In August 2011, Jimmy was in a traumatic car accident while in a news car at work. He suffered a devastating spinal cord injury resulting in paralysis from the shoulders down.
We have learned this journey will be long and involved though we've made some important strides.
We created this website to keep friends and family updated about Jimmy's recovery process. Visit often to read the latest journal entries, visit the photo gallery, and write us a note in our guestbook.
Thanks to those who have taken the time to write incredibly heartfelt messages. Jimmy has seen (or heard) all of them.
Today was Jimmy's trach change day at The Shepherd Center. We're on a 3-month schedule for this.
Jimmy's trach changes have always been extremely painful. He usually won't even let me write the event on our appointment board in his room so he's not visually reminded of it, although it's always looming in the back of his brain.
So he was bummed today when he got up. But, we went.
Because his respiratory and pulmonary staff realize this, they suggested he go with a smaller size trach. Our only concern was that he wouldn't be able to get secretions up.
They said it wouldn't be that much of a difference, and trach changes would be less traumatic. Also, it will help his quality of speech when his stoma heals down the new size, and they said it would be more comfortable for him overall.
Sounds like a win-win. Doctor's were right. Trach change today was less painful, according to Jimmy.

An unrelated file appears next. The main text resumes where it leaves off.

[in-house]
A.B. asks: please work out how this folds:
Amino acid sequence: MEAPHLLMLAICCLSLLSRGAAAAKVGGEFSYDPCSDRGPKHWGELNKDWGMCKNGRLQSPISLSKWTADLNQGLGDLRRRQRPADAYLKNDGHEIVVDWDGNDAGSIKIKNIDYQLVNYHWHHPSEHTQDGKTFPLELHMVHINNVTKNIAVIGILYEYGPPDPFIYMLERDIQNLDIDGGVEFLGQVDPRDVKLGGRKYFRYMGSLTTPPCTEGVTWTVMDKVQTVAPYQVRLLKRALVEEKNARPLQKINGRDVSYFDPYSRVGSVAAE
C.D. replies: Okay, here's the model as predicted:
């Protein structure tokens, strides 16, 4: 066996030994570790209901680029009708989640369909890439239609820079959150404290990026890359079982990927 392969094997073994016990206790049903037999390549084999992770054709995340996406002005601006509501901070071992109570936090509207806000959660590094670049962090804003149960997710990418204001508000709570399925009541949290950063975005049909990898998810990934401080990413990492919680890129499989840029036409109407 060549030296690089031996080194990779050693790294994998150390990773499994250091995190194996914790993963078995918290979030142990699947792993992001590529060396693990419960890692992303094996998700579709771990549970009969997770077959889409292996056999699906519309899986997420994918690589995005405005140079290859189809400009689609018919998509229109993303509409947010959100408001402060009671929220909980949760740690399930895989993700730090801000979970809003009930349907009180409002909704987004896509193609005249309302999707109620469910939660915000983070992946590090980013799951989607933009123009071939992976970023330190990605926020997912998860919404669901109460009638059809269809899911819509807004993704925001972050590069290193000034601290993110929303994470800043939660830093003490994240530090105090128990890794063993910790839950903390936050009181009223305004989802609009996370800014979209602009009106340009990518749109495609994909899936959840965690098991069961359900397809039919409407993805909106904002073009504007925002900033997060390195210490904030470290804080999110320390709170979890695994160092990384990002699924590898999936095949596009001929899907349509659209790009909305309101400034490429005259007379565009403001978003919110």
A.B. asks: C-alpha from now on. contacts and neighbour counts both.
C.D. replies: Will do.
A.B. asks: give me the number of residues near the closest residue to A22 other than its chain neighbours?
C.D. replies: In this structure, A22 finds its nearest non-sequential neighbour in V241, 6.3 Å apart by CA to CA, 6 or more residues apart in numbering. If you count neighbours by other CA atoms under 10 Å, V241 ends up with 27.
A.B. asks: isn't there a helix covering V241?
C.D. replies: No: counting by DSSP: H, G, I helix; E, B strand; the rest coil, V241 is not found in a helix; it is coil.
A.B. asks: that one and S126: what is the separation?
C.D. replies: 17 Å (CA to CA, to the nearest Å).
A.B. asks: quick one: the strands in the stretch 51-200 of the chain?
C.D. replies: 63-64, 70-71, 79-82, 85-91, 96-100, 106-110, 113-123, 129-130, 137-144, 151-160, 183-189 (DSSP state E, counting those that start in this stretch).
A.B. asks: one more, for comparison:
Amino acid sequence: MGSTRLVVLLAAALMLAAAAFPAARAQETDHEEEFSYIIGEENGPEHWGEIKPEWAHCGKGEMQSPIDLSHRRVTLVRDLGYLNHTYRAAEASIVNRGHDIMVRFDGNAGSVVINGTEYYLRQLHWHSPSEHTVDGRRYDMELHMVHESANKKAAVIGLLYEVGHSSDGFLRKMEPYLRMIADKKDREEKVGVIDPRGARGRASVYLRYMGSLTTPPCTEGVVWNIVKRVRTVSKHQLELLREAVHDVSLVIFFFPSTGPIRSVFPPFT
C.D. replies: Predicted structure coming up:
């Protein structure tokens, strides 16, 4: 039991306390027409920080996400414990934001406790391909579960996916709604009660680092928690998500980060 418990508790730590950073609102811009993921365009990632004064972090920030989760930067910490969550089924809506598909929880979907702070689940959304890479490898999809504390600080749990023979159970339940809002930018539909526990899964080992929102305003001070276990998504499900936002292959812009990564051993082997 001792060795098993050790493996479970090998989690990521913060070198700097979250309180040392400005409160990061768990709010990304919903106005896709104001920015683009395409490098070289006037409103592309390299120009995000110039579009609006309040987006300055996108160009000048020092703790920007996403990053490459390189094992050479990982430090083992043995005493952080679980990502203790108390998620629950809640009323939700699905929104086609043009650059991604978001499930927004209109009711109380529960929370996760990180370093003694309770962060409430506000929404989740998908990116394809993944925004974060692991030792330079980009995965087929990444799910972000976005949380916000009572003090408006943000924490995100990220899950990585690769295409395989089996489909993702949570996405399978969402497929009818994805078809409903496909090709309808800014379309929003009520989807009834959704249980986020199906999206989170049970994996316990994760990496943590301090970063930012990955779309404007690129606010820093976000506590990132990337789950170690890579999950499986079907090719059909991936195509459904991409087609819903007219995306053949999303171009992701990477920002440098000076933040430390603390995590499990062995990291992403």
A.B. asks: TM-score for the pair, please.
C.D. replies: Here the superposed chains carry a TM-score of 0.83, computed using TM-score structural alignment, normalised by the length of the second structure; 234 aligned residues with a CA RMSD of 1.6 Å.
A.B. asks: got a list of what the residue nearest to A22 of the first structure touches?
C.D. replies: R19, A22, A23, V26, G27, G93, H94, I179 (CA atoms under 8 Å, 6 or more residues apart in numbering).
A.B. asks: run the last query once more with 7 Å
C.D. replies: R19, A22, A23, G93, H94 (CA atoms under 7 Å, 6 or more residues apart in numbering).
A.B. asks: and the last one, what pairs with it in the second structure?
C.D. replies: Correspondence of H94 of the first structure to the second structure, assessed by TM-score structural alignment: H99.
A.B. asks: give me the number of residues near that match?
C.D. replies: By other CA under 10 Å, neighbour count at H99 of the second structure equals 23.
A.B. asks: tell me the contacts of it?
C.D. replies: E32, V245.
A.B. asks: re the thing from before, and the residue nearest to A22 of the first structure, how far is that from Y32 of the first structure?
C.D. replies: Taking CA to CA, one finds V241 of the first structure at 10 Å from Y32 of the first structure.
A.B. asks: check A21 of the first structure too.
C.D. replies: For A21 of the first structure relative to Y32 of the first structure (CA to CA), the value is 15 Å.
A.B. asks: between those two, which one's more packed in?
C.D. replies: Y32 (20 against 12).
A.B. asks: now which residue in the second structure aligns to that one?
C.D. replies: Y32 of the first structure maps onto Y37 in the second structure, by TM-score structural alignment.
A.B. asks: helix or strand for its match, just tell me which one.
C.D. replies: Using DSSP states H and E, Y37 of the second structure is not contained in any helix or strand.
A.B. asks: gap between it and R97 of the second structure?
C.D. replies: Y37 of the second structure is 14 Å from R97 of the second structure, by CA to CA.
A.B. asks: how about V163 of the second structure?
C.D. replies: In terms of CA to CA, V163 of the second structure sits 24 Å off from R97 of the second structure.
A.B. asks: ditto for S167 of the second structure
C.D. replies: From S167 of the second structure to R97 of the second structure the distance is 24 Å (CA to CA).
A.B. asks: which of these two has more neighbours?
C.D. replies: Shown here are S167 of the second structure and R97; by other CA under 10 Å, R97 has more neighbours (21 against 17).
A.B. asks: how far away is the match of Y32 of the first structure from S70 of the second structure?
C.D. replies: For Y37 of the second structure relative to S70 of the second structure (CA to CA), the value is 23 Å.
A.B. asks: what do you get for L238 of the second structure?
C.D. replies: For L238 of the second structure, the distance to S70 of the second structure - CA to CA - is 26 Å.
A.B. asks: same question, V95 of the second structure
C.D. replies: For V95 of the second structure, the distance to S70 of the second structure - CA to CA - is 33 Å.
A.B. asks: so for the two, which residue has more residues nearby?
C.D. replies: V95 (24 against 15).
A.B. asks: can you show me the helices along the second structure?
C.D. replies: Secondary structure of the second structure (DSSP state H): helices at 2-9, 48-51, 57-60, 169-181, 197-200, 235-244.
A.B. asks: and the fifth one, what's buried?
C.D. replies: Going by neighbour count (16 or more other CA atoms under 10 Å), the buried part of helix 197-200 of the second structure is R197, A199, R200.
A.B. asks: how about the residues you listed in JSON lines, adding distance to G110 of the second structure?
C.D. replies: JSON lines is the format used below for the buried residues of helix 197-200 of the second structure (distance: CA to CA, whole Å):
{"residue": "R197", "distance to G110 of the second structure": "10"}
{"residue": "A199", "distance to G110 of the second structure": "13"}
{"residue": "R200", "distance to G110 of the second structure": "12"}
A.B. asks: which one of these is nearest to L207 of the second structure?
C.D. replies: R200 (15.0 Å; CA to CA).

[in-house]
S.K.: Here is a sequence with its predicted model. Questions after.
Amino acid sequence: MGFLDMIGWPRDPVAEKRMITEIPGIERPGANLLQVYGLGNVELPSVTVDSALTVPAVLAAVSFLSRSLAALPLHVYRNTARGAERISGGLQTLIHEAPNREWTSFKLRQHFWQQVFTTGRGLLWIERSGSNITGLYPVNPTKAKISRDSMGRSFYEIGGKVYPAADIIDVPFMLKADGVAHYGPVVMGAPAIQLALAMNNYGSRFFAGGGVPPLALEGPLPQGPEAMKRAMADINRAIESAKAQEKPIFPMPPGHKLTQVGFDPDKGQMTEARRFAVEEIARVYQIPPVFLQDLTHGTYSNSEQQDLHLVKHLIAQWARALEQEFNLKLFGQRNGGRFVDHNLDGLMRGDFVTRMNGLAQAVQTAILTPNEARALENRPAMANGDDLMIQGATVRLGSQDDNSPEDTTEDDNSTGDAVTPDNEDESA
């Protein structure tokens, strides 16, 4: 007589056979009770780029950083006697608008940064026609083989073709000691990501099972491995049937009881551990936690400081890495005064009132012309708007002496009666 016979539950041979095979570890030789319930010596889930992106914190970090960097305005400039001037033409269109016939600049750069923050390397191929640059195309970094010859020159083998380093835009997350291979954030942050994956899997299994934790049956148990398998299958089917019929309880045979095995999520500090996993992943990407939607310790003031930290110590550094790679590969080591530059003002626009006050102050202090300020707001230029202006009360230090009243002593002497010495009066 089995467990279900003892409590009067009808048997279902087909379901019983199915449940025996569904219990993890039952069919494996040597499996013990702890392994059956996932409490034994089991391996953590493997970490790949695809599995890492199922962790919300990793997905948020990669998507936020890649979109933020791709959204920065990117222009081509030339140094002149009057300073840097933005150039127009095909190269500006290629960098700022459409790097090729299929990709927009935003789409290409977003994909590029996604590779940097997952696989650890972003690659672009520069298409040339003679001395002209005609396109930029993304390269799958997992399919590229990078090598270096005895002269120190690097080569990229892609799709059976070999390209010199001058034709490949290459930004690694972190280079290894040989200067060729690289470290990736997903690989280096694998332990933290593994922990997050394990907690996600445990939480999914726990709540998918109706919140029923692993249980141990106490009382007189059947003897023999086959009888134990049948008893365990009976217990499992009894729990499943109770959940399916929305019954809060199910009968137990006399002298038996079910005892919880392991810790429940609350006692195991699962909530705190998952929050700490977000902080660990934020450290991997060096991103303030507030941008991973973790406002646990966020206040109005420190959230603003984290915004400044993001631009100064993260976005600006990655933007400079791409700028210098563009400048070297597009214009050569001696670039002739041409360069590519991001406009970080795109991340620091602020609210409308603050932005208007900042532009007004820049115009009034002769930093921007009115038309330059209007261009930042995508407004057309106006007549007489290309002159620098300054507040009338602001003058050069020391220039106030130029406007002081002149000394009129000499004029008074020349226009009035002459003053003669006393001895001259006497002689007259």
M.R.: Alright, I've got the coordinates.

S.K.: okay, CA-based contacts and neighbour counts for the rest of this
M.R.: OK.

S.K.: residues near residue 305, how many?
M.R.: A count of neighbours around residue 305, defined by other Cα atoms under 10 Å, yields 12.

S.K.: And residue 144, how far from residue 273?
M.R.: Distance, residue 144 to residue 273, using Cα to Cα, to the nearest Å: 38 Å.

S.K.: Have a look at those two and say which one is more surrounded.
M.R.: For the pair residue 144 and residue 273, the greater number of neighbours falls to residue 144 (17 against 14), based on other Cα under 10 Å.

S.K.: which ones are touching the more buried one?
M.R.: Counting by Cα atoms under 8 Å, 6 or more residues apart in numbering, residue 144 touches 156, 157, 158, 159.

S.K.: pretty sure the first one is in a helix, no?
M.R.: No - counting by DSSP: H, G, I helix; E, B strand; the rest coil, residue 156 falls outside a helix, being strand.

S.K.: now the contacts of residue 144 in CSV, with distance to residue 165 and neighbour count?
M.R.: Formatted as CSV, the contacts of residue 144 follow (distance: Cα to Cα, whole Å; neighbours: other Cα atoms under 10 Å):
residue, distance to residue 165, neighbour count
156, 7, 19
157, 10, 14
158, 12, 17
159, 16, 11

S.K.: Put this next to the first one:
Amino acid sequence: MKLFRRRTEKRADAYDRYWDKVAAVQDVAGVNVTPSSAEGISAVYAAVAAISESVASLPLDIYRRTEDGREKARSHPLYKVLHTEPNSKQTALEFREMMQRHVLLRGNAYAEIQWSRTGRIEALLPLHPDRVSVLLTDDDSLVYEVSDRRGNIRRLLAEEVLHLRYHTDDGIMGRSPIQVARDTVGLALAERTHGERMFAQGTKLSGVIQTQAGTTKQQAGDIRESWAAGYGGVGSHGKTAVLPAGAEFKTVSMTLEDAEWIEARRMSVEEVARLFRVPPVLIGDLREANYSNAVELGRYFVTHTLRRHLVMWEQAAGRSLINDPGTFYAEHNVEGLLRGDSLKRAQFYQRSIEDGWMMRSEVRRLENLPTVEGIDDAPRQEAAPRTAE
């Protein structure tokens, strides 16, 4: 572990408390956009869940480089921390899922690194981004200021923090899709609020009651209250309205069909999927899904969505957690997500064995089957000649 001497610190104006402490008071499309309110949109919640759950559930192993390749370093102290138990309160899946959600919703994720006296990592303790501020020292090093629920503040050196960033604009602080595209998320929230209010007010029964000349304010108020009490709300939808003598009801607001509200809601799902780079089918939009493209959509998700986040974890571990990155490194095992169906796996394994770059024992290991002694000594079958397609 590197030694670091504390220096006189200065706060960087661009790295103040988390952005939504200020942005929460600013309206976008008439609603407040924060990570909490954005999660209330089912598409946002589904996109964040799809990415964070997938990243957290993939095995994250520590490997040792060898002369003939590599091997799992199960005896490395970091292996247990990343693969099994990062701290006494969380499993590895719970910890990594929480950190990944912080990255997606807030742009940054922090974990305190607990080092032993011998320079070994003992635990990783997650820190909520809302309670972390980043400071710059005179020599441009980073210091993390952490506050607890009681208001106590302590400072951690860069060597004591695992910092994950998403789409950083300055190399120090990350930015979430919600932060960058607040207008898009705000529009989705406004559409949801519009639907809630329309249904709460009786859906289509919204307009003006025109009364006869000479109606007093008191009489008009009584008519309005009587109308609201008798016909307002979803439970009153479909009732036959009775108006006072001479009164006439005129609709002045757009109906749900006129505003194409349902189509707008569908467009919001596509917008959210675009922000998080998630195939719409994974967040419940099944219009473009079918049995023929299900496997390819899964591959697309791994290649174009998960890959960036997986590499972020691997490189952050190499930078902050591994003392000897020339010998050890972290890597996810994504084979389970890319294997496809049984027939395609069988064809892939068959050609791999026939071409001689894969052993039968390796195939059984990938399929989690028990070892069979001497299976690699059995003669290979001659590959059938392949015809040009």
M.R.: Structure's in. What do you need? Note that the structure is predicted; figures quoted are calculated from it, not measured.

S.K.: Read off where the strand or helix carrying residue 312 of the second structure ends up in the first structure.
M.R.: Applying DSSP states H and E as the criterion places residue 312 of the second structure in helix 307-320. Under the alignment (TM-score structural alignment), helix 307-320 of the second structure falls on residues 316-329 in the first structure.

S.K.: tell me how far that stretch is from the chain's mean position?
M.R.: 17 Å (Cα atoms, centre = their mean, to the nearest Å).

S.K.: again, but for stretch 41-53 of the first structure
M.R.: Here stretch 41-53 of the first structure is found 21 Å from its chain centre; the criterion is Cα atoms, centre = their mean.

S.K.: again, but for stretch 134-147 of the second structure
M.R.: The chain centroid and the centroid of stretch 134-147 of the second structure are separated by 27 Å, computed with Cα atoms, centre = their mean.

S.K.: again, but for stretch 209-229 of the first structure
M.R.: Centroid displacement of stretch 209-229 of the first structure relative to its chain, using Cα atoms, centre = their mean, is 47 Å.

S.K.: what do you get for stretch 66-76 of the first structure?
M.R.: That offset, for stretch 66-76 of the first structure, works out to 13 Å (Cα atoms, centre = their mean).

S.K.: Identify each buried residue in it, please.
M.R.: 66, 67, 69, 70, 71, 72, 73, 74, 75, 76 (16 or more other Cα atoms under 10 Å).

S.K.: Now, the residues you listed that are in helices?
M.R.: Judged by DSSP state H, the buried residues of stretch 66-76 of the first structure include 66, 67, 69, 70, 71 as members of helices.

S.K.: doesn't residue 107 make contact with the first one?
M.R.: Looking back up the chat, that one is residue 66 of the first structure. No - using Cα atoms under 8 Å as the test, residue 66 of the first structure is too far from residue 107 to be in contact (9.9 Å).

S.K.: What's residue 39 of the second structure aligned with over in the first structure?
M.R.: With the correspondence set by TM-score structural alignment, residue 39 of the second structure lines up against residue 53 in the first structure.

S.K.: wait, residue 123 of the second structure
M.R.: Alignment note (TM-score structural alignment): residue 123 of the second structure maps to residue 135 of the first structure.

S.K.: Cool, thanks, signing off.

Since it was our annual check-up with our pulmonoloigist, we decided to check Jimmy's vital capacity. Basically that's his ability to draw a breath on his own.
He got tested with his DPS (Diaphramatic pacer) on and no ventilator. His numbers were off the charts good. The RT staff was impressed. His breaths was really strong.
Next the RT had me turn off his DPS so we could test his breath without the pacer's help. So, this is just Jimmy taking deep breaths. No help.
HE DOUBLED HIS NUMBERS FROM A YEAR AGO.
The doctors and RTs were SHOCKED! They said he wasn't the first patient with a high-injury to show this kind of respiratory improvement, but it was rare.
I've talked about this before, how the DPS can be known to recondition the diaphragm.
Looks like it's happening.
So what does this mean?
First step: The doctor wants Jimmy to completely be off the vent. He kinda is. Has been before. Jimmy sleeps on the vent purely for comfort. The doctor wants him to get comfortable sleeping off the vent completely.
Next: He wants Jimmy to come off the DPS. Jimmy will probably get tired while he gets used to this. This step is a big one. But they think he's drawing a big enough breath that he should be fine.
Then: they want him to come back to the hospital to be monitored for a night or two. They want to watch all of his levels closely.
After that: they will decide if he no longer needs the DPS. And, eventually that could lead to his trach coming out. (!!!)
I never ever thought this was a possibility for us.
I immediately asked about his secretions and having to be suctioned. They say once they get rid of the trach, the secretions will start to go away and when he does have them, there is a way for him to get assistance with his "normal" cough to get up what he needs.
Like, it's possible this respiratory thing wont be a forever thing?! WHAT?
We're always so reserved with good news but this feels like REALLY good news. Like, when I asked about the trach coming out one day I got agreeable nods from the doctor and not a bunch of "maybes" or "slow downs."
This is huge news. However, we've got some work to do. Jimmy is going to have to get used to sleeping off the vent again. He had a hard time with this the last time we tried. They said this time it should be easier since he is stronger.